Palo Alto VA Health Care System – contact them through [email protected]
San Francisco VA Medical Center offers hospice and palliative care through Geriatric Services. Call 415-221-4810, ext. 2-3224 for information.

Visiting Angels offers palliative care in several locations:
Burlingame – Call 650-344-2178 for information.
Fremont – Call 510-284-0000 for information.
San Jose – Call 408-241-5100 for information.
Sunnyvale – Call 408-735-0977 for information.

Vitas Healthcare offers palliative care in several locations:
Milpitas – Call 408-964-6800 for information.
San Francisco – Call 415-874-4400 for information.
San Mateo – Call 650-350-1835 for information.

With Grace Hospice and Palliative Care, San Jose Call 408-444-5500 for information.


Stanford/BSN Webinar – Diagnosing PSP, Wed, Aug 30, 2-3pm PT – Register Now!

Brain Support Network is kicking off a webinar series with Stanford Movement Disorders Center, one of our Northern California partners.

Join us for a free, one-hour webinar on diagnosing progressive supranuclear palsy (PSP). The speaker is Stanford movement disorders specialist Kathleen Poston, MD. Please spread the word!


Diagnosing Progressive Supranuclear Palsy

When: Wednesday, Aug 30, 2017
2-3pm Pacific Time (US and Canada)

Speaker: Kathleen Poston, MD, MS, movement disorders specialist, Stanford Movement Disorders Center

Register in advance for this webinar:

After registering, you will receive a confirmation email containing information about joining the webinar.

Note: If you can’t make it on August 30th, we encourage you to register for the webinar so that you will be alerted when the recording is available online.


Further details on the webinar topic:

Dr. Kathleen Poston, a movement disorder specialist with extensive experience with PSP, will address these topics:

* how is PSP diagnosed?
* how many years does the average person wait for a diagnosis?
* what are the two main types of PSP?
* what’s the new diagnostic criteria for probable PSP?
* what’s the accuracy of a PSP diagnosis?

There will be time for audience questions on PSP.


Further details on the speaker:

The speaker is Dr. Kathleen Poston, a movement disorders specialist at Stanford University. Dr. Poston research focuses on the development of novel neuroimaging biomarkers to improve diagnostic accuracy and monitor the efficacy of investigational treatments for Parkinson’s Disease and other movement disorders, such as PSP. She is the co-investigator for the NINDS-funded Udall Center of Excellence for Parkinson’s Disease Research.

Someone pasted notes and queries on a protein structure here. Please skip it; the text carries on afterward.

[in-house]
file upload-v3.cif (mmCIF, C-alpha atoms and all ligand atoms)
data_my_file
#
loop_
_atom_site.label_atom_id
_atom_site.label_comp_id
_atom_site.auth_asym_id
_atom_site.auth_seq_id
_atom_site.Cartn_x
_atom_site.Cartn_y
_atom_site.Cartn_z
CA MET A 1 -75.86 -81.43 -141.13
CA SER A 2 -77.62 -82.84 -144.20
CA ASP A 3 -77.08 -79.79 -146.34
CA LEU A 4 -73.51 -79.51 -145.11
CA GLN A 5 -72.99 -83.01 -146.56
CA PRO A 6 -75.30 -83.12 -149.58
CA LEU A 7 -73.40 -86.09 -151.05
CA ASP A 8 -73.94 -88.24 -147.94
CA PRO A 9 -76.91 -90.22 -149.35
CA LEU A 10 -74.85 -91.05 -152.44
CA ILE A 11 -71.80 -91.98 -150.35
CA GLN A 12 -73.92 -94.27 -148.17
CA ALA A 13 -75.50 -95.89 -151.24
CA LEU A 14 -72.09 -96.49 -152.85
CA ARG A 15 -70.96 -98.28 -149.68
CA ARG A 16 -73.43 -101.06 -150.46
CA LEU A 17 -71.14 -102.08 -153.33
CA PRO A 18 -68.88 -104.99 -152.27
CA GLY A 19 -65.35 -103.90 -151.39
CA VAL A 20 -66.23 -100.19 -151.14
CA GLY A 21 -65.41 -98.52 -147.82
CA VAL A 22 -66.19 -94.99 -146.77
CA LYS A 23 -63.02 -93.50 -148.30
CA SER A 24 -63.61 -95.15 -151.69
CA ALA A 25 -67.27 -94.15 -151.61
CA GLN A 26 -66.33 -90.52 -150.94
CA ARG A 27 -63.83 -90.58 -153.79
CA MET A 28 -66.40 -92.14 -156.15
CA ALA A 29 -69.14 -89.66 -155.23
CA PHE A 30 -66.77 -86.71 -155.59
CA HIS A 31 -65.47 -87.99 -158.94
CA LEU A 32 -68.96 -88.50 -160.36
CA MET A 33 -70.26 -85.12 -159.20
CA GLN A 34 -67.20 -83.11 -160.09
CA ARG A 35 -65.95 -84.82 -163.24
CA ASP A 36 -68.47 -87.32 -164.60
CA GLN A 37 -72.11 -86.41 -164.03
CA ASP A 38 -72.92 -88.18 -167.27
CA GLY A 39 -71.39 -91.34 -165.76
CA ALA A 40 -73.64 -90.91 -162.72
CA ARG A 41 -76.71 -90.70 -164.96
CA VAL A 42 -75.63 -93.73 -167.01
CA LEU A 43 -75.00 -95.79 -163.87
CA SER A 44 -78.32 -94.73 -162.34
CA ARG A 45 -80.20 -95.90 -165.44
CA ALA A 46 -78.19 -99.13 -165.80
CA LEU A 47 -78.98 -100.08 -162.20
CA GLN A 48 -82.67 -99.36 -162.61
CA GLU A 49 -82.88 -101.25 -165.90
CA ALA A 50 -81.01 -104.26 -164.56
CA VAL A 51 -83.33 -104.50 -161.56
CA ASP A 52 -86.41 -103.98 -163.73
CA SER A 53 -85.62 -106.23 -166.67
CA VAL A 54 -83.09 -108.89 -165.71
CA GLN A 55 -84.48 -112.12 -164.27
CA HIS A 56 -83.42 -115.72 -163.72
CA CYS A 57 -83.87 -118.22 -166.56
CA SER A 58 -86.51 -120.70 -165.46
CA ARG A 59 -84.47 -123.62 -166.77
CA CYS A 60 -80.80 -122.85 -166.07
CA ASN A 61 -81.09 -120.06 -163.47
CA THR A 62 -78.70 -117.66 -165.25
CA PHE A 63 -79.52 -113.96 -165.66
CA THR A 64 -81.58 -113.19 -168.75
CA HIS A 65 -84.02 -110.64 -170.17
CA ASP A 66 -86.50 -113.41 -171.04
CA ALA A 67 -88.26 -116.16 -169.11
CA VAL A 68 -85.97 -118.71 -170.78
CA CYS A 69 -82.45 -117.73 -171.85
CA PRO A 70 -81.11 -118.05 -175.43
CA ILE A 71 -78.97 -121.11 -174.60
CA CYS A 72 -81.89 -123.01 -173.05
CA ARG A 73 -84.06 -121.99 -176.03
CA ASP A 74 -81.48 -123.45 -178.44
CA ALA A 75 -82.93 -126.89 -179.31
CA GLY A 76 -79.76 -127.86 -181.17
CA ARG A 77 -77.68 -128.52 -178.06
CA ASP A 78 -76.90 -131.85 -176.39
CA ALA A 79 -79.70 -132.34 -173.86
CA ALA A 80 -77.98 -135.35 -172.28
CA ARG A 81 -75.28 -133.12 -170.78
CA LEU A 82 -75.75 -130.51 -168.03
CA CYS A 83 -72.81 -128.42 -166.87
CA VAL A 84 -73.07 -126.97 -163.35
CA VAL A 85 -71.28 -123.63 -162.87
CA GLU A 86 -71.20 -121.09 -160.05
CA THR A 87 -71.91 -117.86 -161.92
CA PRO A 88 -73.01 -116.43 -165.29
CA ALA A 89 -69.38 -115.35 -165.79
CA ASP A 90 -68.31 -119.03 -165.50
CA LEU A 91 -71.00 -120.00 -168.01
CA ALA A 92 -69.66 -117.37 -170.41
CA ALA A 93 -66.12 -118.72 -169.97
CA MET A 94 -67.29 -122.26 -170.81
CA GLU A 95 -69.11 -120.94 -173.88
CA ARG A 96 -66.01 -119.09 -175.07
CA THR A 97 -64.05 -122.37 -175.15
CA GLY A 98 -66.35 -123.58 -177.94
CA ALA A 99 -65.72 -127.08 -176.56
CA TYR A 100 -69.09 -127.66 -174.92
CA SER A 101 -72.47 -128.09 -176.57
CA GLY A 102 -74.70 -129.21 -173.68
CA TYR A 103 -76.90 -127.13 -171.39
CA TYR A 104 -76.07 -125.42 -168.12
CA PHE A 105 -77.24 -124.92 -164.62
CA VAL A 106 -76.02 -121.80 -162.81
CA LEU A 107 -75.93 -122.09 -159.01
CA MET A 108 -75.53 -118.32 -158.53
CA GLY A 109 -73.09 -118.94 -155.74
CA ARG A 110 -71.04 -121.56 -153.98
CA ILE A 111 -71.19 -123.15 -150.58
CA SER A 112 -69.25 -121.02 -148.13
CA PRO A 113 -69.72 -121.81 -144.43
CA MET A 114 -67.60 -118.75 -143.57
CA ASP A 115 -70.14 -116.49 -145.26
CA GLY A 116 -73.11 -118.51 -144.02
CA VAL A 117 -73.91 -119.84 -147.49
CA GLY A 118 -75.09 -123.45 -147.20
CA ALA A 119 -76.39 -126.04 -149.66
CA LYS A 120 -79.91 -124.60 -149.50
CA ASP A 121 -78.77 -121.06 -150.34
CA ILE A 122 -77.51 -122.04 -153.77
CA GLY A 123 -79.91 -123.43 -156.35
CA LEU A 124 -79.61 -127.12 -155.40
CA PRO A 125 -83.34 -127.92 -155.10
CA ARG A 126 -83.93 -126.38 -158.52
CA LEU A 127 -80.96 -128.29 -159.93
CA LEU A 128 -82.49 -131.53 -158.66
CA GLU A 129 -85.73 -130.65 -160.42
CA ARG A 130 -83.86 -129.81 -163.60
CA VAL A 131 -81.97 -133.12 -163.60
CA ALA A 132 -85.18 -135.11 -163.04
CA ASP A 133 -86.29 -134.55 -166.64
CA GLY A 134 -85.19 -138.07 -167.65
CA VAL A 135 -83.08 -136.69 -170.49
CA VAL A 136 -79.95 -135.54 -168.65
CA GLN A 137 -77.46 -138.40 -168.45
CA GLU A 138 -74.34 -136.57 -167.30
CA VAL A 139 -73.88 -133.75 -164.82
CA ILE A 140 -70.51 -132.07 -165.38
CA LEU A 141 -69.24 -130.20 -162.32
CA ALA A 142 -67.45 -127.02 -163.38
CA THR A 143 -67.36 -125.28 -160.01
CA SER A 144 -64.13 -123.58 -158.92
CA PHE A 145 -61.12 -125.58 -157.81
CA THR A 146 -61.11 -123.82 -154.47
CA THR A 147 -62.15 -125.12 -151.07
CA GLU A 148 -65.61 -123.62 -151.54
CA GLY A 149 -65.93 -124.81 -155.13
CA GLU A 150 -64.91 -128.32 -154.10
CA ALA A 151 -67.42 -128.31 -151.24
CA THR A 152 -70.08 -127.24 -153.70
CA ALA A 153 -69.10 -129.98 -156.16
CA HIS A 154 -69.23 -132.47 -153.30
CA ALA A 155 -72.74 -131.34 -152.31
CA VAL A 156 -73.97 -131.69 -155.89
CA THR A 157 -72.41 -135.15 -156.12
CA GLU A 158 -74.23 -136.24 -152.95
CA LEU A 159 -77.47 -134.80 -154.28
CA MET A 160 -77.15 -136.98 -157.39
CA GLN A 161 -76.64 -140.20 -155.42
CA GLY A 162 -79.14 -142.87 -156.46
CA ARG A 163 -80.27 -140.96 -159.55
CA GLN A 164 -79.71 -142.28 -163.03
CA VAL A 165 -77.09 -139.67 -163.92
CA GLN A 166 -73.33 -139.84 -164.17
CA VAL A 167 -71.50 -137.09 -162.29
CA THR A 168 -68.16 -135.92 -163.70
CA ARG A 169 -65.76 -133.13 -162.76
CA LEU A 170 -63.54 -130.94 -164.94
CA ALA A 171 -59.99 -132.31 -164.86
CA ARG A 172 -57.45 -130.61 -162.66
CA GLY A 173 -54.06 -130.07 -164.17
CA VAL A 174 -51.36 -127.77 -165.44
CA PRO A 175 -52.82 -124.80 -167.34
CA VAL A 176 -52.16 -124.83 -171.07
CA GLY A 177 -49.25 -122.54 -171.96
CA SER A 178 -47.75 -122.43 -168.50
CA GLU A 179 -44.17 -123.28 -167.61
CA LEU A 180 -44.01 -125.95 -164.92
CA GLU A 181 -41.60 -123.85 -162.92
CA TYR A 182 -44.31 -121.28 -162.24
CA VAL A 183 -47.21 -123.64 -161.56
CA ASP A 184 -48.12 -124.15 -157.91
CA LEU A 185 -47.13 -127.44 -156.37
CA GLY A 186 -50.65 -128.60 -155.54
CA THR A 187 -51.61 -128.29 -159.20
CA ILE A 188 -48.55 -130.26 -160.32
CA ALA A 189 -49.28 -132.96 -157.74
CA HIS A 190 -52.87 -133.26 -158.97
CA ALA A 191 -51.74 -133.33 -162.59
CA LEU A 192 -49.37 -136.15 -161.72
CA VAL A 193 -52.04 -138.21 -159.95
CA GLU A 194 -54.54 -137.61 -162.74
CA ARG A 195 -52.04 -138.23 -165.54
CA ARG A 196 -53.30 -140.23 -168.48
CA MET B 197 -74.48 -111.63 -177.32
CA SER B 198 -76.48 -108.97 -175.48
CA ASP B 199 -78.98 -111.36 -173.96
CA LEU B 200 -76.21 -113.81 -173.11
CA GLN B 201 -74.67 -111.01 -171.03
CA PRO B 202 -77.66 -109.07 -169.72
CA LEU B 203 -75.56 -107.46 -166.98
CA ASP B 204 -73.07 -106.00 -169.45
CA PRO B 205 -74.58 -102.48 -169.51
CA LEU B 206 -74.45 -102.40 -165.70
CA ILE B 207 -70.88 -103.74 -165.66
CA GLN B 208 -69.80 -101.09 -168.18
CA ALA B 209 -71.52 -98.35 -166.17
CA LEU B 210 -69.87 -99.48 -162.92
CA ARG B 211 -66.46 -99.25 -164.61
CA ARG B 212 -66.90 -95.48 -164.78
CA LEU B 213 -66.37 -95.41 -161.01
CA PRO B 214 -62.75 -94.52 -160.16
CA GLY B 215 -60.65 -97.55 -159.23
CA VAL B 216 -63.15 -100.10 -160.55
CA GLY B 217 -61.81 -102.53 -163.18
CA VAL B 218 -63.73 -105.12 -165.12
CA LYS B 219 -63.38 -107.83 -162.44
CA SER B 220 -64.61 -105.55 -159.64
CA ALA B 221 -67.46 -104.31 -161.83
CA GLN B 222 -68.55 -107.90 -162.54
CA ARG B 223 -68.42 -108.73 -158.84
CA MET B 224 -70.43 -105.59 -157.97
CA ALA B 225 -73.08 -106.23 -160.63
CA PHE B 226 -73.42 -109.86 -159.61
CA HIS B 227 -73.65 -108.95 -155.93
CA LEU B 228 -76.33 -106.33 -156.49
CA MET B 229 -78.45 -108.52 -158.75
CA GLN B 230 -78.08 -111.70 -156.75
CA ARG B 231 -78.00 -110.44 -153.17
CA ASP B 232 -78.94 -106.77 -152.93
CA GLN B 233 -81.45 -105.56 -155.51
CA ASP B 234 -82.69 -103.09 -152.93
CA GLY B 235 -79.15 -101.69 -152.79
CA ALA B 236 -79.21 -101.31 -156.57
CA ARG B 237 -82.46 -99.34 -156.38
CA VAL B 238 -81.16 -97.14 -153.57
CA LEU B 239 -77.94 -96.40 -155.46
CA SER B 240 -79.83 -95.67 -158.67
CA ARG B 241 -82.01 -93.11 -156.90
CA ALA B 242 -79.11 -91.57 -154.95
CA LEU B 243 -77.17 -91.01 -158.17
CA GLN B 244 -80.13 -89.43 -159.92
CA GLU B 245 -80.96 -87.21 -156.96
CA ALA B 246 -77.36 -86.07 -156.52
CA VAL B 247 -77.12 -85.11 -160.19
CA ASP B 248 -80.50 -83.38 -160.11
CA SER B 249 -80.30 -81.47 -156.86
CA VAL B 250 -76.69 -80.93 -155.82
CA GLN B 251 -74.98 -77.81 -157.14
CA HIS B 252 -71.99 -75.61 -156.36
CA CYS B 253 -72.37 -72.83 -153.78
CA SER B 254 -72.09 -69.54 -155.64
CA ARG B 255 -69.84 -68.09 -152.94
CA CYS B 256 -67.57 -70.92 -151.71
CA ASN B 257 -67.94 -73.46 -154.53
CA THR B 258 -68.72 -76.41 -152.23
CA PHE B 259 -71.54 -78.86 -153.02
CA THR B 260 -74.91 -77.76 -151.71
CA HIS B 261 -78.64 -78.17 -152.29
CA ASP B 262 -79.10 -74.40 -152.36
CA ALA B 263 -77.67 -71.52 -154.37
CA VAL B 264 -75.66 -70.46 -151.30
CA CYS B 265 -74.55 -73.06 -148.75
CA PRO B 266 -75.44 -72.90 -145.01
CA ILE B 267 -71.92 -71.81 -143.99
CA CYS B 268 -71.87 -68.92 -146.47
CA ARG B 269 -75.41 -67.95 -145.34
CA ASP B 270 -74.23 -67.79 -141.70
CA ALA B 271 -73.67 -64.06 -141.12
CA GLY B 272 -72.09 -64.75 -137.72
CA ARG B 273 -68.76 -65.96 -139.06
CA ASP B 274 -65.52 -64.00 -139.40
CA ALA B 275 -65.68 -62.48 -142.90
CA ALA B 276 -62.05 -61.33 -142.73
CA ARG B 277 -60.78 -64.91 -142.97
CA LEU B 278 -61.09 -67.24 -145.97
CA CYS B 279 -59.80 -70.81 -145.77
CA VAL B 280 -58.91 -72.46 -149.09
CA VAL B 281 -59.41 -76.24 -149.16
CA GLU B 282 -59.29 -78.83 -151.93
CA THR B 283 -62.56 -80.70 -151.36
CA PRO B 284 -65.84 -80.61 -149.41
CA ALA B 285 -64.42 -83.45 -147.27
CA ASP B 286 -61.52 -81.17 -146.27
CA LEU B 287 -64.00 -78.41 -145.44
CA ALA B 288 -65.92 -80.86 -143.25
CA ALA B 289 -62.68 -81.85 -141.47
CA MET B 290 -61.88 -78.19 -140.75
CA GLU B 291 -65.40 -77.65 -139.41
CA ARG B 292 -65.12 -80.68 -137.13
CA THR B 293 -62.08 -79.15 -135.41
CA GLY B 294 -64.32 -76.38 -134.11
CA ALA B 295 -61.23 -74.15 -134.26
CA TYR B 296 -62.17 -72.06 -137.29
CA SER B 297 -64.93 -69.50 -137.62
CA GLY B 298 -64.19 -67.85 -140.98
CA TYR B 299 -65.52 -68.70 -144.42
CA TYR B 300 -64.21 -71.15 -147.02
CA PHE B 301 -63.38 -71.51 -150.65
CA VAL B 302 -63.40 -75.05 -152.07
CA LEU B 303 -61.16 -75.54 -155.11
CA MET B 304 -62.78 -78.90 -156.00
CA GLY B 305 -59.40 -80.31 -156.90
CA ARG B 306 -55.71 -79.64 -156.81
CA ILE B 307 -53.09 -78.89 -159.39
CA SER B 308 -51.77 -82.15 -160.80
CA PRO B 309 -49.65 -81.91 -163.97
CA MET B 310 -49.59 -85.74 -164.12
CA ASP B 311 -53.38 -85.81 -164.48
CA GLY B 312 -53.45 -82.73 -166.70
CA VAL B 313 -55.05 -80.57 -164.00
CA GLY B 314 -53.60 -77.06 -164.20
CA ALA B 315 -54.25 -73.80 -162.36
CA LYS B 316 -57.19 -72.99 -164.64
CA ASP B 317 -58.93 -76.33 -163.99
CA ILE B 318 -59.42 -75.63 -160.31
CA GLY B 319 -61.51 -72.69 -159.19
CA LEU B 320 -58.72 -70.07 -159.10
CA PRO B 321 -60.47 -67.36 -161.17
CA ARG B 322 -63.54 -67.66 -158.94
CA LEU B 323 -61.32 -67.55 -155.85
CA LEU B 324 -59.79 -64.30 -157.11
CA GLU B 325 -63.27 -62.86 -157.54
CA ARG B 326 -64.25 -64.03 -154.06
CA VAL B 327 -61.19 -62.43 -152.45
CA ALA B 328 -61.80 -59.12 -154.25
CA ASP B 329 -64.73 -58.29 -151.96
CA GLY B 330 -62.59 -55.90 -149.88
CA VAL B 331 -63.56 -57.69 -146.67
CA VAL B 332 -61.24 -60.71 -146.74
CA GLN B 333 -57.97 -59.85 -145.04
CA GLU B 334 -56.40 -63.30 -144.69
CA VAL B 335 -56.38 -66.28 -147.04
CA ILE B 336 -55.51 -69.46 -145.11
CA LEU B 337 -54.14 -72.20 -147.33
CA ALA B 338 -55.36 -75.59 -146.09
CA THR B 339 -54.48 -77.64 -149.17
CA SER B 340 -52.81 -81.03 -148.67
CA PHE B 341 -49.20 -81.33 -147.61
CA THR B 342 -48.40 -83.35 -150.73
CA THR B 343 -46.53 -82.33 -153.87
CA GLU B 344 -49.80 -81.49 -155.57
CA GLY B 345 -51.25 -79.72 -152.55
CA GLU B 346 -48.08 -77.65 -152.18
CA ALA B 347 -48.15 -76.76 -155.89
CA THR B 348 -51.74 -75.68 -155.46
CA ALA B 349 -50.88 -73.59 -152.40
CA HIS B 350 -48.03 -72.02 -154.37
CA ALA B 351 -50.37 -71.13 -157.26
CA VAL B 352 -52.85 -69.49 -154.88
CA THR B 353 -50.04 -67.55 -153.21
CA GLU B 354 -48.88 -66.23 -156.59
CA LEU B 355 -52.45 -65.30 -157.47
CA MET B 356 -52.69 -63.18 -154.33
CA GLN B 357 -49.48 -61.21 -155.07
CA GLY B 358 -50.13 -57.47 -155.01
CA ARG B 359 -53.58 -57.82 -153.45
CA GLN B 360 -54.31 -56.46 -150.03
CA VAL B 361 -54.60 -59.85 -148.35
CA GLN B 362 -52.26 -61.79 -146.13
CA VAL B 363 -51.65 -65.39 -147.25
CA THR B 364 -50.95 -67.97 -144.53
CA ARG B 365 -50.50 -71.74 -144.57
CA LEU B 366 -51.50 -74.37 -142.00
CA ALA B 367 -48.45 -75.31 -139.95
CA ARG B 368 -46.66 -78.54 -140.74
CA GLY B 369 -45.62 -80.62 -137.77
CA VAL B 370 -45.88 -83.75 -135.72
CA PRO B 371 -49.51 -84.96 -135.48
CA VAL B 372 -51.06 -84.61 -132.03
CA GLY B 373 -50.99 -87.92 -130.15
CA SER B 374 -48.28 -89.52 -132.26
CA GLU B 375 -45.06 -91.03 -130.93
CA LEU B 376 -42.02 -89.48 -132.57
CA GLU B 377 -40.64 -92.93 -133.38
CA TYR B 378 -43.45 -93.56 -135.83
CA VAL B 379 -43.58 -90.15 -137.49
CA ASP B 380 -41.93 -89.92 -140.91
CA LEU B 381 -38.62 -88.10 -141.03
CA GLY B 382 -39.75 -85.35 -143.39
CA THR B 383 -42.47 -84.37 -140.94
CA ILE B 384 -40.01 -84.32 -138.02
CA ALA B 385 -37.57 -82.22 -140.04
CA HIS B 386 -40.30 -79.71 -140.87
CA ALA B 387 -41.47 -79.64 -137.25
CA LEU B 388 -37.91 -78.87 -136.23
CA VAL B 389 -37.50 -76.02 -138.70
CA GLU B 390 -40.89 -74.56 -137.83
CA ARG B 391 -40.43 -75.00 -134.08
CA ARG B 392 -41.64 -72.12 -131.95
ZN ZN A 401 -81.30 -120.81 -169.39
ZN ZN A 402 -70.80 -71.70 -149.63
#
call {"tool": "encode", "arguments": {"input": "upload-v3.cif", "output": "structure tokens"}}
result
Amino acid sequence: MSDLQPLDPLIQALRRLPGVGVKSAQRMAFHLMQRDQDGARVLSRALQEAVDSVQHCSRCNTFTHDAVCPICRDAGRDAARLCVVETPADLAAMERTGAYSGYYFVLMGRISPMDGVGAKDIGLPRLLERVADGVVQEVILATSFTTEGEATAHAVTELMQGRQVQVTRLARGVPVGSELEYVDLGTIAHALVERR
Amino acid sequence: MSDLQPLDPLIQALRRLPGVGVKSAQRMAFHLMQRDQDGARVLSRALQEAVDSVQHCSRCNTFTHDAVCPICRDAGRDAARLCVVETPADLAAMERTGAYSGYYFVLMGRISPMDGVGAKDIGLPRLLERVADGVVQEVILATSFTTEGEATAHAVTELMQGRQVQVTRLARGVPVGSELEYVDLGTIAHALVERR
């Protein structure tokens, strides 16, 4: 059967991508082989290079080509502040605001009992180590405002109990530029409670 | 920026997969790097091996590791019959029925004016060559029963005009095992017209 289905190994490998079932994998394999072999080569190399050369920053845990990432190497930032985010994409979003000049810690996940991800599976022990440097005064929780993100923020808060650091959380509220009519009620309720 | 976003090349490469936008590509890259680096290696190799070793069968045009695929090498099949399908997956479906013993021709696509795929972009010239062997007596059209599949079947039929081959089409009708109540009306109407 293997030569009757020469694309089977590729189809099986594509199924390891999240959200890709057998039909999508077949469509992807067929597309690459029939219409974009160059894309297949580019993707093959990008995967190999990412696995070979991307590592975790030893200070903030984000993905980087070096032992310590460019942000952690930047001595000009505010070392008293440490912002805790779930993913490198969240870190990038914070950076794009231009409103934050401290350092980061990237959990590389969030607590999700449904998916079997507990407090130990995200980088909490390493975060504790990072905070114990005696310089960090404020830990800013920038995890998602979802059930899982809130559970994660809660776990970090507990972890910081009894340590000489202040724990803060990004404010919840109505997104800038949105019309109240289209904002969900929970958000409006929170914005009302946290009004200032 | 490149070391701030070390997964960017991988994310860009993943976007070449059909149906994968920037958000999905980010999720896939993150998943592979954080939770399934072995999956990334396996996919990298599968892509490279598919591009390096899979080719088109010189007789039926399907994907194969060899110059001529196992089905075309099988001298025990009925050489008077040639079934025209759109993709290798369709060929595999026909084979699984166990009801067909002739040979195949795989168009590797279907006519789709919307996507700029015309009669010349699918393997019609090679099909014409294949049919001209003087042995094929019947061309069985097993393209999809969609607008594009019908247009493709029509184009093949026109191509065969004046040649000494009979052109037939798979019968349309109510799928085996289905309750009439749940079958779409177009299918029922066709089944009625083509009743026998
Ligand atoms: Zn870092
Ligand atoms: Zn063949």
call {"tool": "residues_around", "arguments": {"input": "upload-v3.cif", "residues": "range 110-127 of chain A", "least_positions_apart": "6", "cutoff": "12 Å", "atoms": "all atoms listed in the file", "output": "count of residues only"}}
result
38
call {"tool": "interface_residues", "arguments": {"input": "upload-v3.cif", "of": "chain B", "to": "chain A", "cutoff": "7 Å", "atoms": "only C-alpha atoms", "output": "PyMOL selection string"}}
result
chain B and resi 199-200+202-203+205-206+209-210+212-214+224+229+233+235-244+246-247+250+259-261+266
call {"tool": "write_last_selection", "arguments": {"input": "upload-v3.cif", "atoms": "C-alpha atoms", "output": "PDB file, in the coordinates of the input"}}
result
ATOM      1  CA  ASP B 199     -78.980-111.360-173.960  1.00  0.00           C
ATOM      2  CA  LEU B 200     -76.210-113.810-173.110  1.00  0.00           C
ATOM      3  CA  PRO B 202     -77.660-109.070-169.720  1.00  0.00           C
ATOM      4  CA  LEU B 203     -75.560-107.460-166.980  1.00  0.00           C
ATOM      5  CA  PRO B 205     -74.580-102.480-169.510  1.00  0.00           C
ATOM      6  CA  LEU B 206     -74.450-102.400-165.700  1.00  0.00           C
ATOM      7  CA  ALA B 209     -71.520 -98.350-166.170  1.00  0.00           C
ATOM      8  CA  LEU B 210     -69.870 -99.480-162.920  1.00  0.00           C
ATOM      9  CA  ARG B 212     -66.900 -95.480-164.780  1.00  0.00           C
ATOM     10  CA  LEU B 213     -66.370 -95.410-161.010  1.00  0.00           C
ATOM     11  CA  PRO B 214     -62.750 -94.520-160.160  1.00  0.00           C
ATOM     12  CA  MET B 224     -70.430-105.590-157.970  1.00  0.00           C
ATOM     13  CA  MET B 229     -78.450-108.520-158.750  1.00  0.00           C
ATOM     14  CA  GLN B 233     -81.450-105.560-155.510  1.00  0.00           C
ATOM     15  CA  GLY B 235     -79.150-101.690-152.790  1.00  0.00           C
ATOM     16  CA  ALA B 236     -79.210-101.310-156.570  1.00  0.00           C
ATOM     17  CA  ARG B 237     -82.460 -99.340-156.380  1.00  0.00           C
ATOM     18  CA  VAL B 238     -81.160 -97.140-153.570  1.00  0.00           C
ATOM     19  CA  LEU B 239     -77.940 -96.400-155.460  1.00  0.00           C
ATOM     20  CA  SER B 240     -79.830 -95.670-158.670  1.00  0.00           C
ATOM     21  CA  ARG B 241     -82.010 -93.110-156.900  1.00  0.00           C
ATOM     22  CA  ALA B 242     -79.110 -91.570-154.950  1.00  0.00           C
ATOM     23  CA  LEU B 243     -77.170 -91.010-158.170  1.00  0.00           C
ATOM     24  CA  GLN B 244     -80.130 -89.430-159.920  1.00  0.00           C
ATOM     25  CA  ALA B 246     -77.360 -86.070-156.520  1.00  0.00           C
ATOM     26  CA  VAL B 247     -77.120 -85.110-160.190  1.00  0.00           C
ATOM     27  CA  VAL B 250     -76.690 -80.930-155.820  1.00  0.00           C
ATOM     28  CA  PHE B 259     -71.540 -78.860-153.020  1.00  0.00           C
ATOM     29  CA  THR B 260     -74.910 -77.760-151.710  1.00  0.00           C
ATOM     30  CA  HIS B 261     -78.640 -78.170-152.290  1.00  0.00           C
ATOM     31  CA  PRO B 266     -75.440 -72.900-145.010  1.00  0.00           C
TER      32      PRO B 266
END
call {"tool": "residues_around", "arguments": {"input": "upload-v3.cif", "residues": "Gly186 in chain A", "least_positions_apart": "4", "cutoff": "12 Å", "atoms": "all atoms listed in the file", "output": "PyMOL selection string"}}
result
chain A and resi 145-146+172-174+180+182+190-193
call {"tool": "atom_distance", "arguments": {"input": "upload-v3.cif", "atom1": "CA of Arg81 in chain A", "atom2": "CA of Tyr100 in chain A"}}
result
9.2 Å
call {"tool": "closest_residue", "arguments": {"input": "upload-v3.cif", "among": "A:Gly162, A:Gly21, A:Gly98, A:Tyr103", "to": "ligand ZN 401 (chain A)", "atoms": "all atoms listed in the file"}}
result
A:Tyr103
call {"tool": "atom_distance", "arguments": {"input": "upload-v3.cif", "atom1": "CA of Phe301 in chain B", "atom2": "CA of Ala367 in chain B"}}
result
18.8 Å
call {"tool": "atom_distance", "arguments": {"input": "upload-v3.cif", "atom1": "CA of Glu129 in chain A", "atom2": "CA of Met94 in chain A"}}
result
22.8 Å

Further details on the webinar host:

The webinar will be hosted by Robin Riddle, who coordinates a Parkinson’s Information & Referral Center at Stanford. She is also the CEO of Brain Support Network, a nonprofit focusing on the four atypical parkinsonism disorders, including PSP.

Brain Support Network is organizing a research update and family conference on Progressive Supranuclear Palsy and Corticobasal Degeneration on Saturday, October 28th, in the San Francisco Bay Area. To be notified when registration opens for this conference, please join the PSP email list.


Register in advance for this webinar:


Questions? Please contact Robin Riddle.

BSN’s Allan Marcus Fund Gave Six Grants in 2017

The Allan Marcus Fund for Families in Need with PSP has successfully completed its giving for 2017.  The Marcus family and Brain Support Network (BSN) approved six grants to families with loved ones with progressive supranuclear palsy (PSP).

The grants to PSP families provided in-home caregiving, travel to family reunions, needed physical therapy, and more.  Congratulations to all the families in the US who received grants.  It was an honor to hear your stories and help make what we hope will be precious memories.

The Marcus family aims to provide this fund annually.  Please join BSN’s PSP email list to be kept informed as more information is available in the new year.

PSP and CBS excerpts from curriculum on dementia for healthcare professionals

Someone in our local support group recently sent me this link to US Dept. of Health and Human Services’s curriculum for physicians (especially primary care physicians) and healthcare professionals (social workers, psychologists, pharmacists, emergency department staffs, dentists, etc.) on dementia. Though the web address includes the term “Alzheimer’s,” frontotemporal dementia is also mentioned in this curriculum: